Samford University

Faculty Mentors

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Deborah Burks, Ph.D.

dburks@samford.edu

Environmental estrogens in Oak Mountain State Park.

Oak Mountain State Park is a suburban, mixed use preserve with its own water treatment facility.  The treated effluent from the facility flows into a swimming and recreational lake and on into the Cahaba River, which is an area of intense conservation concern because it is home to a variety of endemic and endangered species.  A number of communities also draw their wastewater from downstream areas of the Cahaba River.  Estrogens, whether natural or synthetic, are generally not filtered out of wastewater during treatment.  Oak Mountain lakes and the Cahaba River also may have other sources of estrogenic contaminants from recreational activities and surrounding residential communities. For example, Bisphenol A (BPA) is currently used as the base compound in the manufacture of polycarbonate plastic and the resin lining of food and beverage cans and drinking water bottles. BPA leaches from polycarbonate containers and can contaminate waterways. Environmental estrogens such as BPA and synthetic estrogens in wastewater are taken up by living organisms and sequestered in fats and can affect reproductive function in wildlife (e.g., feminization in male fish). These compounds also have deleterious effects on energy balance and glucose homeostasis in animal models. In humans, BPA levels are associated with type 2 diabetes and heart disease. Although there is strong evidence of these organismal scale effects, little is known about the effects of environmental estrogens at the population, community, or ecosystem scale. Potential student research projects include water sampling of wastewater treatment effluent, recreational lakes, and downstream streams and the Cahaba River to identify and quantify environmental estrogens and screening using tissue culture to predict impacts of environmental estrogens on fish, amphibians and macroinvertebrates.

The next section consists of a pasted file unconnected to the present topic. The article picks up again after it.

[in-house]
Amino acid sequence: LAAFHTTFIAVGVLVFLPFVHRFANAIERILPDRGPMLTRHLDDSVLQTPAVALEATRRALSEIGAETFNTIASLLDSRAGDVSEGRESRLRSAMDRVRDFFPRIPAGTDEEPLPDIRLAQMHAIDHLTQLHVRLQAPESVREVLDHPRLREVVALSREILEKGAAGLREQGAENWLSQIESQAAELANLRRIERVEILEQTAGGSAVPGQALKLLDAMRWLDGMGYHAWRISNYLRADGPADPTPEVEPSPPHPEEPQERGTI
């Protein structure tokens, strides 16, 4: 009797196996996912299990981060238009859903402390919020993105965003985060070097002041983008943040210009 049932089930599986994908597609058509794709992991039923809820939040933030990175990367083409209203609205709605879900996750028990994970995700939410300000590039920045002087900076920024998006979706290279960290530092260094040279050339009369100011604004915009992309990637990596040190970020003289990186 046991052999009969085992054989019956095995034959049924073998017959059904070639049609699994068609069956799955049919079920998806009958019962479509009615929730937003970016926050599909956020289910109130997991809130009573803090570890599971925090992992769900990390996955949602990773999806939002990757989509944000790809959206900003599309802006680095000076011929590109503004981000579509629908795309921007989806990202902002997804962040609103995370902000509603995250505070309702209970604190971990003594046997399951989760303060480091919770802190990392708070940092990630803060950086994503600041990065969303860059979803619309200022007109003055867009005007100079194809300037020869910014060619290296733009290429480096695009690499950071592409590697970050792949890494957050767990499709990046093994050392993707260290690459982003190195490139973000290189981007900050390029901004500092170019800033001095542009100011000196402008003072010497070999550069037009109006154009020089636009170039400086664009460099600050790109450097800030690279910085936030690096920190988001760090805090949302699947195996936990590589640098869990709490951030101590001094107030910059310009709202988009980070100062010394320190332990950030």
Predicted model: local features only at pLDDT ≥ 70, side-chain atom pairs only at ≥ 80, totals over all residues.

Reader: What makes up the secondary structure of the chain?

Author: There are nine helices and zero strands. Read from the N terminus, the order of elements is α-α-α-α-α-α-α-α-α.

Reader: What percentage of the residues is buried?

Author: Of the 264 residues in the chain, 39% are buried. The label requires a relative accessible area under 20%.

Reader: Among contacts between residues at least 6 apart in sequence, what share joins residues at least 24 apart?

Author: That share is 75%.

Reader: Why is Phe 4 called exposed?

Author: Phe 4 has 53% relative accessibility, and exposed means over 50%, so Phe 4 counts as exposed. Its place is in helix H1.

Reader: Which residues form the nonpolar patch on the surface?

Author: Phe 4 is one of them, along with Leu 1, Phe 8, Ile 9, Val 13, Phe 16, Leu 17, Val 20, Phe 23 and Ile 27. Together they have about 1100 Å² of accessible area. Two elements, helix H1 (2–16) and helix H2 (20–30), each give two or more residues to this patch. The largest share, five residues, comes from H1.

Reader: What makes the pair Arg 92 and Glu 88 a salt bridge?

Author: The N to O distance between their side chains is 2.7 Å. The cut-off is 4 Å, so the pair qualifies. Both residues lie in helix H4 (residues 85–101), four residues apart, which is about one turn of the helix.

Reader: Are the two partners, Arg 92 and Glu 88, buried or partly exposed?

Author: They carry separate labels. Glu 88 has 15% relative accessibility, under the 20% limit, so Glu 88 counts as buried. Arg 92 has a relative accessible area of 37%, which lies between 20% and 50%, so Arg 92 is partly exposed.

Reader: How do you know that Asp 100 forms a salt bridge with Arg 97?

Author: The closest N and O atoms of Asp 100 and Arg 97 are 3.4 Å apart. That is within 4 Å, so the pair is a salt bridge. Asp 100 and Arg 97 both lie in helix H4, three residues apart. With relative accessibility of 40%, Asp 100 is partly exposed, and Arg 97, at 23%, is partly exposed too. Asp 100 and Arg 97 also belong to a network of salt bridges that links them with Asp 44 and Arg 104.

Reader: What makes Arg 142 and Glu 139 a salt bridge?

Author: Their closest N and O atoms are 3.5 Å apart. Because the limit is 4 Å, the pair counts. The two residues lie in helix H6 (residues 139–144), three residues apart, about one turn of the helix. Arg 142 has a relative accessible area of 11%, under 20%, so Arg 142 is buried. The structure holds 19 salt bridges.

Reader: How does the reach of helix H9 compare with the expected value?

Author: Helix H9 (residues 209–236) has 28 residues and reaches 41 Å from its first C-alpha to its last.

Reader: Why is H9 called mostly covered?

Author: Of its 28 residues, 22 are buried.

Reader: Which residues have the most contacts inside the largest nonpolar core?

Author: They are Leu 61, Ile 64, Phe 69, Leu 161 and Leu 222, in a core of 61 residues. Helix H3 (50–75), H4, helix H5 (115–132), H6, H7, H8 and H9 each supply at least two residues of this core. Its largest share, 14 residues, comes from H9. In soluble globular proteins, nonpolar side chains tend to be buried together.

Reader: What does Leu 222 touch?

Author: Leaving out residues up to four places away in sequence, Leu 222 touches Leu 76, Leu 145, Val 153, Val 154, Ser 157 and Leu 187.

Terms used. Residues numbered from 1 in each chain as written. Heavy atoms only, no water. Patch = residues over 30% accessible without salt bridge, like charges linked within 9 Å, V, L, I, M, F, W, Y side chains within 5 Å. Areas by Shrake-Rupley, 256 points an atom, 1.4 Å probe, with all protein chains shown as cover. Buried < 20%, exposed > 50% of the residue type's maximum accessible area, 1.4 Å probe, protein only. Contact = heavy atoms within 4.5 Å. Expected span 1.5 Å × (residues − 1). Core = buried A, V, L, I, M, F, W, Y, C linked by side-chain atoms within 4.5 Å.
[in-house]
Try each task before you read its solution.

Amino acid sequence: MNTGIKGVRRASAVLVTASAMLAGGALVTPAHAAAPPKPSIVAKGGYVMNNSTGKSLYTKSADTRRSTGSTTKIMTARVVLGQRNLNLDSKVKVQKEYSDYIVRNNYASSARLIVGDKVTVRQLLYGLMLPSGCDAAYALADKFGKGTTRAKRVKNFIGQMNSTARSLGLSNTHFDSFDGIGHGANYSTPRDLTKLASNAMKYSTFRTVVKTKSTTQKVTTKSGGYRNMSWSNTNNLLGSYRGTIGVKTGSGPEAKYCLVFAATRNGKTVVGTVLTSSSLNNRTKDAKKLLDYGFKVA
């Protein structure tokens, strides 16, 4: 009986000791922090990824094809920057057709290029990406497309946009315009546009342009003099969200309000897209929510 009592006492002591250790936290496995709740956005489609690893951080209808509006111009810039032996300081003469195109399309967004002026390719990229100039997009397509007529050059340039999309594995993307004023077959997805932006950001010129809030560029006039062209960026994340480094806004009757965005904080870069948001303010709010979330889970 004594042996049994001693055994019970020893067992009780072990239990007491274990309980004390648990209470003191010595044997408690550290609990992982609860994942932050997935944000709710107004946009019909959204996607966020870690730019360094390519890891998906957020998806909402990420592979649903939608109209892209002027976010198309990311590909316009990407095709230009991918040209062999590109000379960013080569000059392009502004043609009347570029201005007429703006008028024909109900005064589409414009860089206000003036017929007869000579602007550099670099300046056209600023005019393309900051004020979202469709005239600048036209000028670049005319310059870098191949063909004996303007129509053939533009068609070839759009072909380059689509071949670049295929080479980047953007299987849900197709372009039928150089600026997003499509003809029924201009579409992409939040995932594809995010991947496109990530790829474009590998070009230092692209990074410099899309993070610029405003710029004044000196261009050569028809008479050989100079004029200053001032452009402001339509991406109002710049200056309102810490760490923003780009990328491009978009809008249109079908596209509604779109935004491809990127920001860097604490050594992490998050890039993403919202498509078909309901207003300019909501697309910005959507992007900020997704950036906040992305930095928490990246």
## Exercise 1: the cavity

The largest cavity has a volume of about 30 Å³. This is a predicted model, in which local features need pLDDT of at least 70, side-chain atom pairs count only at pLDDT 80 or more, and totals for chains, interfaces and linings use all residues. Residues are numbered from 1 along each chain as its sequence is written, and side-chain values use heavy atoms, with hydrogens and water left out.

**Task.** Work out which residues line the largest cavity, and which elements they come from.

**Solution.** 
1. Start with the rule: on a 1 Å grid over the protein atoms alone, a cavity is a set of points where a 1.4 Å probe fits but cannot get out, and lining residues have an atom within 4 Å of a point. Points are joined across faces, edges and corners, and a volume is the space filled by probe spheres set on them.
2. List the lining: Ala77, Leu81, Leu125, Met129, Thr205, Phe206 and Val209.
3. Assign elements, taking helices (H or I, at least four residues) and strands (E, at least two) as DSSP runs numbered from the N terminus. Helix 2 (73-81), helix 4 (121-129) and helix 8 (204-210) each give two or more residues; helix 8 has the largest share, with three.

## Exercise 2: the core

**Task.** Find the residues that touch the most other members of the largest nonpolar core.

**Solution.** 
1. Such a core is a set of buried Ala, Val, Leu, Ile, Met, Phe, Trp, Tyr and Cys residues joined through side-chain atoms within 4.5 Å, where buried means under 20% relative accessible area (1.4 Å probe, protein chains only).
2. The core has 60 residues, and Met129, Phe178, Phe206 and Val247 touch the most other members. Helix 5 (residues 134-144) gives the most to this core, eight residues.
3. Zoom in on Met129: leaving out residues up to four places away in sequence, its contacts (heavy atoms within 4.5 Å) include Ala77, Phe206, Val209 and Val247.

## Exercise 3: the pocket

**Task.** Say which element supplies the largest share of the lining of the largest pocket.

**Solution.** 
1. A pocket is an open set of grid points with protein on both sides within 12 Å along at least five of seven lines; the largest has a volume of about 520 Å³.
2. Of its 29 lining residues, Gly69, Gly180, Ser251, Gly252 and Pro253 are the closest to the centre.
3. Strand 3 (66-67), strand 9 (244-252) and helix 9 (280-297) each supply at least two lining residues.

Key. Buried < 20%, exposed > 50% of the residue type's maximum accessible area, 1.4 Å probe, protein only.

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Larry Davenport, Ph.D.

ljdavenp@samford.edu
Plant Taxonomy, Botany, Plant Ecology

I’m a plant taxonomist, focusing on aquatic plants (duckweeds, the Cahaba Lily) and, most recently, glade ecosystems.  I’m particularly interested in the various (and varying) adaptations of plants to sandstone, limestone, dolomite, and granite substrates.  Why are some species missing from a few glades while present in all others?  What soil chemicals are the main determiners of species richness (and paucity)?  Those are the main questions that I’m currently asking.  The answers lie, I hope, in a combination of laboratory and field work.